If it seems like you’re getting less sleep in your 30’s, or sleeping more after you turn 50, it’s not just a coincidence. New research has found that the amount of time spent sleeping changes several times throughout one’s lifetime—and can even be different depending on your geographical location.
The University College London teamed up with two other research teams from the East Anglia and Lyon to take a deeper look at the findings from a neuroscience research project that’s currently underway where participants are playing the Sea Hero Quest game. In this game, scientists are using results that everyday people are contributing by playing. Their results are helping scientists learn more about spatial navigation and the brain and providing information for learning how the brain deals with neurodegeneration.
More than four million players have contributed their results from playing this game, and they have answered questionnaires about their location and sleep patterns. Based on these sleep pattern questions, researchers have information about sleep patterns all over the world. On average, most people sleep about 7 hours per night, and the youngest adults who were at least 19 years of age slept the most of any age group.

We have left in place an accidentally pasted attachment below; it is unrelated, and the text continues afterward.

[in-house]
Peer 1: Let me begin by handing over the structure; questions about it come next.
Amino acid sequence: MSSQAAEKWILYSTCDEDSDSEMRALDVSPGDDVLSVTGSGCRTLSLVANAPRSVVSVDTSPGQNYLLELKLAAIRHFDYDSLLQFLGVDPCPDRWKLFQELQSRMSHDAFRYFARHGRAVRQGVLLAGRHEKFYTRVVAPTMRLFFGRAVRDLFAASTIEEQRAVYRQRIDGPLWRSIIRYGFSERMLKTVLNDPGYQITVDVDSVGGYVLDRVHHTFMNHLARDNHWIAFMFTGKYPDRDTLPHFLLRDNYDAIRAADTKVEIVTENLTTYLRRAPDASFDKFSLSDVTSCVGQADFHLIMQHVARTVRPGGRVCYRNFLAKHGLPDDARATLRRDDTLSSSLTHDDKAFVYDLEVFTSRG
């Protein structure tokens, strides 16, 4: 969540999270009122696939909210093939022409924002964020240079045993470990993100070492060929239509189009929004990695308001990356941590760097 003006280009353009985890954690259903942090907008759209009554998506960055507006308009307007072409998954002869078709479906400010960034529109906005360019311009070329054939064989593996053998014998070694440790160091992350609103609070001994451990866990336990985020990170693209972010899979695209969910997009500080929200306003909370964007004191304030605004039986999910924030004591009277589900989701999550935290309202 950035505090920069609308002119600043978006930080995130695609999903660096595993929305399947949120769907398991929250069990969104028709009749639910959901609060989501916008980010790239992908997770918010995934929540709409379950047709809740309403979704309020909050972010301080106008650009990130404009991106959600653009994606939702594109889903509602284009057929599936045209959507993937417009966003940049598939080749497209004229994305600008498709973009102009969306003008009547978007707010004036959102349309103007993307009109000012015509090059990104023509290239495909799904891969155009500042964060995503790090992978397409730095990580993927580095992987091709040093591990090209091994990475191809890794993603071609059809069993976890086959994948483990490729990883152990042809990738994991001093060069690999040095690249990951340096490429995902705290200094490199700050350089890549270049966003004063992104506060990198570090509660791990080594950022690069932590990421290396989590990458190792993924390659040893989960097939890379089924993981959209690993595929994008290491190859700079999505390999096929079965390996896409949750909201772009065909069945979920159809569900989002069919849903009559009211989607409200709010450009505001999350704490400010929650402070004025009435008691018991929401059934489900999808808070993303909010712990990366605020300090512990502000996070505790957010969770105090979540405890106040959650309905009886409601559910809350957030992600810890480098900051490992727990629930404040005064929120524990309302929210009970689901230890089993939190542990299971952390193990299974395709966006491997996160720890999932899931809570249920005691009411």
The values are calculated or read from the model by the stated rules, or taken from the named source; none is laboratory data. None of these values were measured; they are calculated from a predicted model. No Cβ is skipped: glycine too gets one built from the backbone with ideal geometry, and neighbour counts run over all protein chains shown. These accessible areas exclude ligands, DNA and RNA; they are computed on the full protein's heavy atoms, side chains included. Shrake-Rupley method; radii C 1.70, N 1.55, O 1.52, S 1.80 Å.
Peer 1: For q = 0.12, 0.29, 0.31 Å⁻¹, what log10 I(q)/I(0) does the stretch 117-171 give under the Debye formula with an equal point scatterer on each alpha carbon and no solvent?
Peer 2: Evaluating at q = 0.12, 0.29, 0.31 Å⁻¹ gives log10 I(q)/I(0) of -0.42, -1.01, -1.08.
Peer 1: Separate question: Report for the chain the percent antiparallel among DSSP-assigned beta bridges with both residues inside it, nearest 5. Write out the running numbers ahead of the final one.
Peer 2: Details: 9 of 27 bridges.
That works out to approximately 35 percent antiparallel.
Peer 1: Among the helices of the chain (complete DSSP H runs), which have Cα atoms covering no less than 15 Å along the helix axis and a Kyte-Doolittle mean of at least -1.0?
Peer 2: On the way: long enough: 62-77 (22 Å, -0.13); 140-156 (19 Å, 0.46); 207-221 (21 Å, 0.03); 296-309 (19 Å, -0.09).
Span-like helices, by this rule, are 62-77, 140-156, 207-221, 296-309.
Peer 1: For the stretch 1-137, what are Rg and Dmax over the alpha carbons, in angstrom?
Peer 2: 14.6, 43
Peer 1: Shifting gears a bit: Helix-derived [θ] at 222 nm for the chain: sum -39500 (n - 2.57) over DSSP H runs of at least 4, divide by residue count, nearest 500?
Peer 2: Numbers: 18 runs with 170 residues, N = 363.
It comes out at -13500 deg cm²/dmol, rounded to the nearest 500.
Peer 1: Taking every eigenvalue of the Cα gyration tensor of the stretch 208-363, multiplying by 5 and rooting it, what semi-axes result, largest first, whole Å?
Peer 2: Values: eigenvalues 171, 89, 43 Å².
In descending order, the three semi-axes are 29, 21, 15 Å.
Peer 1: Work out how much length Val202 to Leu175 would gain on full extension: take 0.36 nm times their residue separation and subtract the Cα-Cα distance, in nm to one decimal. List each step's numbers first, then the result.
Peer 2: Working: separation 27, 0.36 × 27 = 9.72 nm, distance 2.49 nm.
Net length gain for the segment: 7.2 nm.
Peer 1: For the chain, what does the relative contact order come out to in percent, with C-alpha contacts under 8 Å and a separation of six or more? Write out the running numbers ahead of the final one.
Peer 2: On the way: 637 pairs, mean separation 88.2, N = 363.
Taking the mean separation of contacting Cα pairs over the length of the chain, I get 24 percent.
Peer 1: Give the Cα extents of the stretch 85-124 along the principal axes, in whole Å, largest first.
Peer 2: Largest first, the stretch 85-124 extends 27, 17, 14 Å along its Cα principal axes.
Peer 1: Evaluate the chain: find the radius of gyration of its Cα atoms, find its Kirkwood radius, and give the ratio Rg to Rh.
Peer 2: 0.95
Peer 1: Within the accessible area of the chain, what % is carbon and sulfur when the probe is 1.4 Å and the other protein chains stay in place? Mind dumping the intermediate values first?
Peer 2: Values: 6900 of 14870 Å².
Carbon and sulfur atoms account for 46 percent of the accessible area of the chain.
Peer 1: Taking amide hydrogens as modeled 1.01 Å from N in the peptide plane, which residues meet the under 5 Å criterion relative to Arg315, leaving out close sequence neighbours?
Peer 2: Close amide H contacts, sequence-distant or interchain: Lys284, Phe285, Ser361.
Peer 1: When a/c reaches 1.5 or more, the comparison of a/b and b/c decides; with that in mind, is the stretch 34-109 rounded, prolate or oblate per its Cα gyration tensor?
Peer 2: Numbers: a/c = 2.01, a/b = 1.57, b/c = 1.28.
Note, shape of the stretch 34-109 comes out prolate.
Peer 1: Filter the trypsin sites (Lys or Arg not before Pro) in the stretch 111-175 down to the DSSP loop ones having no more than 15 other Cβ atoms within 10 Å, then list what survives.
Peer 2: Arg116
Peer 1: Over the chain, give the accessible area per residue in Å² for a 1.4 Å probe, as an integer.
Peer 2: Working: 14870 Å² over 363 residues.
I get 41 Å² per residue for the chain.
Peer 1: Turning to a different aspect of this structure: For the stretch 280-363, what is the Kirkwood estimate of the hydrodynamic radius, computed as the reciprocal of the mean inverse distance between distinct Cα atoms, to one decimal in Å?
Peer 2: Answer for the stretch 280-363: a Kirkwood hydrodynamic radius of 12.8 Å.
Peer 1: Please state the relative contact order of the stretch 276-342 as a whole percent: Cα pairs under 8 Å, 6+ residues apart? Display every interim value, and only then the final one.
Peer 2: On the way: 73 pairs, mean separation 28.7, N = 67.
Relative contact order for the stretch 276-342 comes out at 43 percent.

By the time people reached their later 20’s and early 30’s, sleep time declined until it plateaued at age 33. From 33 to 53, sleep patterns stayed the same; until after 53, when people began sleeping more again. These changes were noted across the board, regardless of location, education, or gender.
What is most interesting about this study is that the closer people live to the equator, the less sleep they got compared to others around the world. For instance, people in Indonesia, Malaysia, and the Philippines slept the least, and the UK also reported less than average sleep. However, people in Eastern European countries (Czech Republic, Romania, Albania, etc.) slept as much as twenty to forty minutes more each night.
If you’re finding that you’re sleeping like a teenager again after your mid-50’s, these three phases of sleep patterns might account for it! Most people find that their sleep patterns change as they age due to reduction in the amount of melatonin that the brain produces, so we often hear that it’s harder to sleep as you age. Then again, if you find your need for sleep increases as you age, it’s worth remembering that sleep needs do change. Supplementing with melatonin can help promote healthy sleep patterns, so if you’re headed for a long trip (especially near the equator), it’s one supplement you might just want to pack.
A. Coutrot, A. S. Lazar, M. Richards, E. Manley, J. M. Wiener, R. C. Dalton, M. Hornberger, H. J. Spiers. Reported sleep duration reveals segmentation of the adult life-course into three phases. Nature Communications, 2022; 13 (1) DOI: 10.1038/s41467-022-34624-8